A couple years ago I did an amazing course called Skyrocket Your Traffic with Google Analytics. It contained 30 mini challenges (one a day for 30 days) to complete within Google Analytics.) The results were immediate. Most of the time I saw traffic come to my blog within minutes of doing the day’s task. The course creators did such a great job of showing you exactly what to look for in Google Analytics so that you can repeat traffic-generating activities over and over and watch the traffic climb higher each time.
10. Ignoring your email list.
Many new bloggers get so caught up with creating content and posting on social media (all of which is time consuming) that they don’t spend time building and nurturing their email list. They’re so busy with all the other things blogging requires that it keeps getting pushed by the wayside.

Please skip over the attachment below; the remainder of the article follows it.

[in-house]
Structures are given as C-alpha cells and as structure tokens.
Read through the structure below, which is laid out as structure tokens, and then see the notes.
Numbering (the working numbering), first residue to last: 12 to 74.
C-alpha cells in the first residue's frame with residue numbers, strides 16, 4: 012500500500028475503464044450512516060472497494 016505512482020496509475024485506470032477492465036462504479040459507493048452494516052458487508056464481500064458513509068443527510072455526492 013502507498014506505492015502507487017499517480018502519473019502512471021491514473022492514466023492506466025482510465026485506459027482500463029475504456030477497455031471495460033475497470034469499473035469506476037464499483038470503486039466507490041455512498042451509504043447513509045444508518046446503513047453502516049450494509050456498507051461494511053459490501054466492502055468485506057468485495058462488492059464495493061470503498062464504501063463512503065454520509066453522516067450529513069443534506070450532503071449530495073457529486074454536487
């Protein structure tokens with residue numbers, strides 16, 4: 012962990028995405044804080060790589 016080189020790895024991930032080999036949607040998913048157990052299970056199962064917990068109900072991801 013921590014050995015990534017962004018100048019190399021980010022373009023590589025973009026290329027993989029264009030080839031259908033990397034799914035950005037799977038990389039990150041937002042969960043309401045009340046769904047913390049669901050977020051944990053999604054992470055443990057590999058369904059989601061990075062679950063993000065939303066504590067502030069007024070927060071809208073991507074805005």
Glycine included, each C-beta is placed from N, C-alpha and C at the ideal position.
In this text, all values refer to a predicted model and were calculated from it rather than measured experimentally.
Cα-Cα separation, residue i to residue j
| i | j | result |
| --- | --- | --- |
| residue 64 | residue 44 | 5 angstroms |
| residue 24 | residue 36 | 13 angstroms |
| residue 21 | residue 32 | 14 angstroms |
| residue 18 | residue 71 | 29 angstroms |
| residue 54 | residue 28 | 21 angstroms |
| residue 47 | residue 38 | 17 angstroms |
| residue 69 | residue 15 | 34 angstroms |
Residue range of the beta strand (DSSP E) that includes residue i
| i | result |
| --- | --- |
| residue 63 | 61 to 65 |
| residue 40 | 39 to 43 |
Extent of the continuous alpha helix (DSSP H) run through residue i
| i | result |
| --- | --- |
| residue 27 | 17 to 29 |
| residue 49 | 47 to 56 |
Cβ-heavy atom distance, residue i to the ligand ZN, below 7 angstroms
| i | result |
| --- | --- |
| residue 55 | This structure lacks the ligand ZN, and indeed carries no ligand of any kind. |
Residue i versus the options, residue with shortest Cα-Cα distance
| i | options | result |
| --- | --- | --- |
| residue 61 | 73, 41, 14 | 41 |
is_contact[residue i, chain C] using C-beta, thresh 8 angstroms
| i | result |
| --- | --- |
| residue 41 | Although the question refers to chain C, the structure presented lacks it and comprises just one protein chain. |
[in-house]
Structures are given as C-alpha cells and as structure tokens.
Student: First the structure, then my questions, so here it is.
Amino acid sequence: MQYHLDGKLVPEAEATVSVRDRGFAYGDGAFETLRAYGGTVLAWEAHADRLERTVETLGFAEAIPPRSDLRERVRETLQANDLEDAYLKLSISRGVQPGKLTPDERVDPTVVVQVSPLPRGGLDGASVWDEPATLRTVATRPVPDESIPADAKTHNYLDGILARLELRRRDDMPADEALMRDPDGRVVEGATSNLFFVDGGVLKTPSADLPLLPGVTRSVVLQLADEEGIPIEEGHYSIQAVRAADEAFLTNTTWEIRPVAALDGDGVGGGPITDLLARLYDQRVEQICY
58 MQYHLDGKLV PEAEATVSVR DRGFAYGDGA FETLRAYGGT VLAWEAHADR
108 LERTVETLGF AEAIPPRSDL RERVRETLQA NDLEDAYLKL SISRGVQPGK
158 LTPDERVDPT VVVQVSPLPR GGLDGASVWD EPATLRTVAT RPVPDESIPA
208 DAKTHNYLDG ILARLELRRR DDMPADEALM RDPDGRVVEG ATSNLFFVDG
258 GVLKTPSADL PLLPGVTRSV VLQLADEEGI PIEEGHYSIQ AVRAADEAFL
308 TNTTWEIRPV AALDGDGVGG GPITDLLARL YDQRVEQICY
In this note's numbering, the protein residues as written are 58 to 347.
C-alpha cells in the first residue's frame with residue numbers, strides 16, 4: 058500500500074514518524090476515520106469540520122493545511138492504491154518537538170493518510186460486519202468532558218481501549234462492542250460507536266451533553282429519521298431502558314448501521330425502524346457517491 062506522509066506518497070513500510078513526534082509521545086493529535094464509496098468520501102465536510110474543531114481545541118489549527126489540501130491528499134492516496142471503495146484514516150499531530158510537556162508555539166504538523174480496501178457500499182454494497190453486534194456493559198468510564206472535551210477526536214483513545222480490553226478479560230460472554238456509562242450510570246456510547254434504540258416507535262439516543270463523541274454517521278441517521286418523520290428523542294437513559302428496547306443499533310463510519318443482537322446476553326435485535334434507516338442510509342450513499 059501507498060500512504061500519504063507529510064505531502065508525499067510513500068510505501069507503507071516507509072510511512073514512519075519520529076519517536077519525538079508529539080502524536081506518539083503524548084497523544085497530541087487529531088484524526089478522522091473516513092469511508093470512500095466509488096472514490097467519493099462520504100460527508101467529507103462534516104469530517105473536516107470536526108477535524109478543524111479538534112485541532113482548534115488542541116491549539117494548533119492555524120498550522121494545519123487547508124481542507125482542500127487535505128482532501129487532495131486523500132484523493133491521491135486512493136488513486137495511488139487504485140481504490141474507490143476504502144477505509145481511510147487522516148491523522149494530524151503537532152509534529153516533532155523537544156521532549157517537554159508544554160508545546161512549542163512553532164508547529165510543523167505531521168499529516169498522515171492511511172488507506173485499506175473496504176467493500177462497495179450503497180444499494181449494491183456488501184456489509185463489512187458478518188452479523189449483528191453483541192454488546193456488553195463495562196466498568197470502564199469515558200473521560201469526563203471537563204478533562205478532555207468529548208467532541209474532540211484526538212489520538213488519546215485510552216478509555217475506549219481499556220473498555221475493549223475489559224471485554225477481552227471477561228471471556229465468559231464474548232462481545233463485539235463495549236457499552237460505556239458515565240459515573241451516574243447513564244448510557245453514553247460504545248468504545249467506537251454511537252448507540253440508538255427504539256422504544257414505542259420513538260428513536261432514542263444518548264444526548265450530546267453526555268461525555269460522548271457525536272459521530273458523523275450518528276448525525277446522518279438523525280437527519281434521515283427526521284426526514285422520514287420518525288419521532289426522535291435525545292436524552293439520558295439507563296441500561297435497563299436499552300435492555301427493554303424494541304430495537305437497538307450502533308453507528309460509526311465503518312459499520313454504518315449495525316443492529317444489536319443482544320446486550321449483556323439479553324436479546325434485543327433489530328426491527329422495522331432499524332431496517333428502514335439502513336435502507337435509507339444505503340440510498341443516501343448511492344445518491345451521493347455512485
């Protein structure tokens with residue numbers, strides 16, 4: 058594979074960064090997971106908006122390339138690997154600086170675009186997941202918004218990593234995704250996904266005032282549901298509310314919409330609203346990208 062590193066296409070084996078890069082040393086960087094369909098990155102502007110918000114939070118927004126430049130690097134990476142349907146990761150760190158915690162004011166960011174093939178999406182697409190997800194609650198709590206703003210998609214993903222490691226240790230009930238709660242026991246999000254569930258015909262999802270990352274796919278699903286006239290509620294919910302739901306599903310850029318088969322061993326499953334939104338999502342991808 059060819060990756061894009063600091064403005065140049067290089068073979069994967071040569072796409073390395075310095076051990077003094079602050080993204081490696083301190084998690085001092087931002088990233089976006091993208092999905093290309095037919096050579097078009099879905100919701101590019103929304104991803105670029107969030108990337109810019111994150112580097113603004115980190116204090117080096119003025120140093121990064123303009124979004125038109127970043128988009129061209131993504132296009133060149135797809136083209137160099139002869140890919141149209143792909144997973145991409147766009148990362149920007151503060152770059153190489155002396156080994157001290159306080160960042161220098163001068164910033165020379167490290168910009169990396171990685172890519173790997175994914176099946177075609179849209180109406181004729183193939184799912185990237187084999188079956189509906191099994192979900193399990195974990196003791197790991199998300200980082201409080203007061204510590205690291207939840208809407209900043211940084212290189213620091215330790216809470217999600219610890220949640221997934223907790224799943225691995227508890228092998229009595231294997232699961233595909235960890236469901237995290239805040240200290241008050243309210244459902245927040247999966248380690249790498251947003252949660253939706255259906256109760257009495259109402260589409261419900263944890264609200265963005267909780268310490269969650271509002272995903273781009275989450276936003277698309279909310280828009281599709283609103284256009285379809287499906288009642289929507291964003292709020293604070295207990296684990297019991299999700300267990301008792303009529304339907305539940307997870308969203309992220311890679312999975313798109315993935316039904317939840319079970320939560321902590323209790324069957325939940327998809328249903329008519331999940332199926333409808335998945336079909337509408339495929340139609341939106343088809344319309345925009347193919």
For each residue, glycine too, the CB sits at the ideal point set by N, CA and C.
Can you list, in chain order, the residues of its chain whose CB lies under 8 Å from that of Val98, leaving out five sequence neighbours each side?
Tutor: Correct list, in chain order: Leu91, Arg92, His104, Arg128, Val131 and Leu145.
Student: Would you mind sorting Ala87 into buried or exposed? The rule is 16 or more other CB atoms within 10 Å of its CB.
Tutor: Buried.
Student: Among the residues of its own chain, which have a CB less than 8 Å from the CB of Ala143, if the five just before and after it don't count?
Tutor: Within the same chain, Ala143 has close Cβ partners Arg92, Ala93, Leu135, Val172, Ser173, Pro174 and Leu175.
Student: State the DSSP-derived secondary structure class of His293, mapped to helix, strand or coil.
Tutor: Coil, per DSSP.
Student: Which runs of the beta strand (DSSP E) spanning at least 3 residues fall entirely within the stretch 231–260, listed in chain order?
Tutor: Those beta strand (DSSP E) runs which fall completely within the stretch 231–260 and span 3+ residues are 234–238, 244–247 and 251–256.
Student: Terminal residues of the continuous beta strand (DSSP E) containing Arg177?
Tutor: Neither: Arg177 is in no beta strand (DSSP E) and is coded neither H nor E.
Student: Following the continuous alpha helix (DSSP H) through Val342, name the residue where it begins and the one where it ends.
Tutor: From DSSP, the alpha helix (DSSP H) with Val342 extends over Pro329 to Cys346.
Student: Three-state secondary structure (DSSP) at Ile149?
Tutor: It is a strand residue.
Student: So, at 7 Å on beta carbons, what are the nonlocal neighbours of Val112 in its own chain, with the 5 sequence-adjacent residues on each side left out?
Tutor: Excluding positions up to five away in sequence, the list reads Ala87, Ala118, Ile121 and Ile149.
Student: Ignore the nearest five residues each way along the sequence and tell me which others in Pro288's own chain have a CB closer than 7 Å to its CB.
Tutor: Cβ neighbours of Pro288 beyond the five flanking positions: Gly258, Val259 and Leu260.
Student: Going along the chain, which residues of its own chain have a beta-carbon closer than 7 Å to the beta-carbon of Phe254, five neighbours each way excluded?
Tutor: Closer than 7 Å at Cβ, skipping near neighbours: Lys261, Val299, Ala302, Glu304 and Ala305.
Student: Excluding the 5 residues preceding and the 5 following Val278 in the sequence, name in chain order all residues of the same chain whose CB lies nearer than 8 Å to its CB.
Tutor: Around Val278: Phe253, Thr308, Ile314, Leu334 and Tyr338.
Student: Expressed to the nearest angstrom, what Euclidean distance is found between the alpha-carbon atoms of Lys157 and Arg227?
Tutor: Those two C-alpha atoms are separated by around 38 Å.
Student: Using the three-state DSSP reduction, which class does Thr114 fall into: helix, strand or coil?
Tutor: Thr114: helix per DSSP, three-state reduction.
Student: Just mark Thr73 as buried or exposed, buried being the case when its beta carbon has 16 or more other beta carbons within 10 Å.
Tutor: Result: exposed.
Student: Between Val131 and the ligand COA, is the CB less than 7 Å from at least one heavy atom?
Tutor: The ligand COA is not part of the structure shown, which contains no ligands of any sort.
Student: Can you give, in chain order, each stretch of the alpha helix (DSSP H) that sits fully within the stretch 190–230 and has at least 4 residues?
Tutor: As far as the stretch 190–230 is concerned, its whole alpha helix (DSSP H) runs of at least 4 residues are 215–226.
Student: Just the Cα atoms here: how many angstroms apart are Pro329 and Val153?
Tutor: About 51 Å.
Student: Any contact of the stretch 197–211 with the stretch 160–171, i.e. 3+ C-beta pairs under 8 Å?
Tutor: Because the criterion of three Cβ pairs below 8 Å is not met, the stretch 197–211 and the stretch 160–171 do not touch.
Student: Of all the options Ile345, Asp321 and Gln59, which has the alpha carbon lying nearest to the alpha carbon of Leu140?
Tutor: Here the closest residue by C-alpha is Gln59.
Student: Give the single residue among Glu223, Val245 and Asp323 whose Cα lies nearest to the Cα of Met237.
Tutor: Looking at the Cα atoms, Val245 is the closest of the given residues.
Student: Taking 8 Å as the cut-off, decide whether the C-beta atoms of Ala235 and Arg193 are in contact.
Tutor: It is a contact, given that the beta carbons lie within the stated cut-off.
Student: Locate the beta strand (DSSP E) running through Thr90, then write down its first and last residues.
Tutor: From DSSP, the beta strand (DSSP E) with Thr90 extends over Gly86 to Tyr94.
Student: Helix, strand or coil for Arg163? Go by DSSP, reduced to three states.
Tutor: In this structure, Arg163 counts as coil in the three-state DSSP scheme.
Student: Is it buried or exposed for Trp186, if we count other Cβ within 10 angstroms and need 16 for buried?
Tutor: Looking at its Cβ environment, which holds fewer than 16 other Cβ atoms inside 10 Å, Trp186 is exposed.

Can I tell you that by ignoring your email list you are ignoring your blog’s most valuable asset?
It’s so important that if your blog shut down tomorrow, you could literally continue making money just from your email list.
If you do not have a way for people to sign up for your email list, and you do not email your list regularly, you need to get on that stat.
Your email list is where you have access to people any time. You don’t have to hope they’ll stop by your blog to see what’s new (do people even do that anymore?) or that they’ll happen to see your posts within the fickle algorithms of social media. With email, you can tell your readers exactly what you want to tell them, when you want to tell them.
11. Wasting time on the wrong activities.
Have you ever heard of the 80/20 rule? Approximately 20 percent of your online activities will generate 80 percent of your revenue.
It only makes sense to spend more of your time on that 20 percent, doesn’t it? The other 80 percent of your time is just fluff.